It’s a classic! I liked it but thought it was a bit slow a times. The epistolary form of the narrative (I like using big words, makes me feel smart) got a bit cumbersome, and made me feel like the novel went on for too long. The more Stoker presses upon us how good poor Madam Mina is and how emotional everyone is being and how smart Van Helsing is, the more it turned into a slog. But the character of Dracula and the chase after him with Van Helsing is totally iconic.

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24 Responses to Bram Stoker – Dracula (1897) Review

  1. Bookstooge says:

    I’ve had quite varied reactions to my readings of dracula so while I think overall I enjoy it more than you, I can certainly relate to much of what you wrote here 🙂

    Liked by 1 person

  2. savageddt says:

    Not my favorite classic, but it had some good moments.

    Liked by 1 person

  3. Brilliant review, as always, Jeroen. I’m glad you enjoyed it and even though I count this as one of my favorite gothic novels, can totally agree with your criticisms. You’re spot on with the notes on sexual repression. Reading about Bram Stoker’s life, you’ll find a lot of allusions to his potential homosexuality (or at least homoromanticism). It’s always been interesting to me that Stoker was clearly interested in exploring homo/bisexuality in this work, but was also clearly struggling with his own personal feelings, to the point where he named his vampire-hunter character after himself. Anyway, wonderful write-up; can’t wait to see what more vampire novels are in your future! 😝🧛🏻🩸

    Liked by 2 people

    • Thank you Tassara! Yeah, I noticed that Van Helsing’s name is Abraham, just like Stoker’s first name. Are there are homo- or bisexual themes in Dracula? For the future, there are two vampire novels I would like to read: Stephen King’s Salem’s Lot and George RR Martin’s Fevre Dream. Have you read those?


      • Oh, I definitely think those themes are there! Just like you identified Lucy’s vampiric (i.e., sexual) ‘liberation’ and her punishment for that, as well as Mina’s ‘corruption’ by Dracula I think we can apply those same themes to Dracula and Jonathan Harker’s infatuation with each other.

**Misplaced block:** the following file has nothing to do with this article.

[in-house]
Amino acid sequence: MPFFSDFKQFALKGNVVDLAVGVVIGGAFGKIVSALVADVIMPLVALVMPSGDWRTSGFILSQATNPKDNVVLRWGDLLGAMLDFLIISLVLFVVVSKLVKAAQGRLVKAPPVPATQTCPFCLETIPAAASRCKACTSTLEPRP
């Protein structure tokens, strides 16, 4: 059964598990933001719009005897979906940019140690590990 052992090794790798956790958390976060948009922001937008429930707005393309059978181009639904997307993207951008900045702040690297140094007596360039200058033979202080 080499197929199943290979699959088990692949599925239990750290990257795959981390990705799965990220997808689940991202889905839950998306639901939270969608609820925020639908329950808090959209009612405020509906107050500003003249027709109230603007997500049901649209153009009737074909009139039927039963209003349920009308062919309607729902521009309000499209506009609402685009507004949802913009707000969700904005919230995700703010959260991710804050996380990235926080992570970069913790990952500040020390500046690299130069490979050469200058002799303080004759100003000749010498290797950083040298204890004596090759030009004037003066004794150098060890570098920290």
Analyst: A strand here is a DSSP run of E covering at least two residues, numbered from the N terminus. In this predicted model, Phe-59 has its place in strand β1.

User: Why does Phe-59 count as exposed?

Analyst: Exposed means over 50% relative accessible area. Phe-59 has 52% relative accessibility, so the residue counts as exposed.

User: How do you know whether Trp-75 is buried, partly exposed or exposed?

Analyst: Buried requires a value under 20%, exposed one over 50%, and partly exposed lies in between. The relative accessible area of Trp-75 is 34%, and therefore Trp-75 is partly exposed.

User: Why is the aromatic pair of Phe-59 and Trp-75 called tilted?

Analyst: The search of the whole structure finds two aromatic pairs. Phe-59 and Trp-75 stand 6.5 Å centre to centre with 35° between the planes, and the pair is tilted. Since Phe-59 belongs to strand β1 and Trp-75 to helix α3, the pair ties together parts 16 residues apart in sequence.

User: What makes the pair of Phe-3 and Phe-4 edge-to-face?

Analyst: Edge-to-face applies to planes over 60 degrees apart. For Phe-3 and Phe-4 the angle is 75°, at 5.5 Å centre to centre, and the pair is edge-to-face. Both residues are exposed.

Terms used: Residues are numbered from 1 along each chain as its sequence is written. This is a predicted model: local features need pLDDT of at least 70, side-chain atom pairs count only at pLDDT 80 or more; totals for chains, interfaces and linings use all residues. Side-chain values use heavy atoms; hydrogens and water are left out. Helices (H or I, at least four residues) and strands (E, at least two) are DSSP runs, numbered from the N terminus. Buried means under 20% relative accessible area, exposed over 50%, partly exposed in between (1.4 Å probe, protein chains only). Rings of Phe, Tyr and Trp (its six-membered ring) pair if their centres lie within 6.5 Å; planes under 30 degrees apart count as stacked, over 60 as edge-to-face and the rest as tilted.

Both Dracula and Jonathan are obviously attracted to women, since Harker is engaged to Mina and Dracula has his brides, but when the brides swoop in to seduce Jonathan that night in the castle, Dracula shoos them away and tells them Jonathan is off-limits until he’s done with him.

        That, in addition to the fact that the whole vampire thing is quite sexual in and of itself (hello, teeth penetrating skin and drawing out one’s vital fluids) lends itself to a reading that Dracula may be coded as bisexual. Bram Stoker was friends with Oscar Wilde (known to have been in relationships with both men and women throughout his life) and was actually married to Wilde’s former partner, so, at the very least, Stoker was not a stranger to the concept of bisexuality. That could totally be my modern take on the novel, though, so I’m definitely not going to say it’s the correct (or only) interpretation.

        As for other vampire novels, I haven’t read either of the two you mentioned, but Salem’s Lot on my list! I’ve been wanting to explore more horror lately, and that’s one that I’d like to try to read pretty soon. I didn’t even know GRRM had a vampire novel, so that’s news to me!

        Liked by 1 person

        • I can see that about Dracula and the penetrative act of vampirism, thanks! It’s interesting that Jonathan also seems to submit, sexually, when Dracula’s brides want to take him. My first interpretation of Dracula and Jonathan was that Dracula wanted to replace Jonathan at Mina’s side and make Mina his lover. There are moments when Jonathan is locked up in his castle where Dracula steals his clothes and goes out in his clothes, and so almost literally replaces him. In that sense, Dracula could also be interpreted as Jonathan’s repressed sexual self. As if Jonathan is afraid to corrupt Mina and himself by having sex with her, and so Dracula is the monster that Jonathan is afraid to become.


      • Wakizashi33 says:

        Salem’s Lot is very good imo. I haven’t read Fevre Dream yet.

        Liked by 1 person

  4. bormgans says:

    I’ve never been able to finish it, but is has been over 20 years since I tried. I did love Coppola’s movie version.

    Liked by 1 person

  5. Only book that gave me nightmares. Not sure why because it wasn’t really a scary book but clearly it did something 2 my psyche

    Liked by 1 person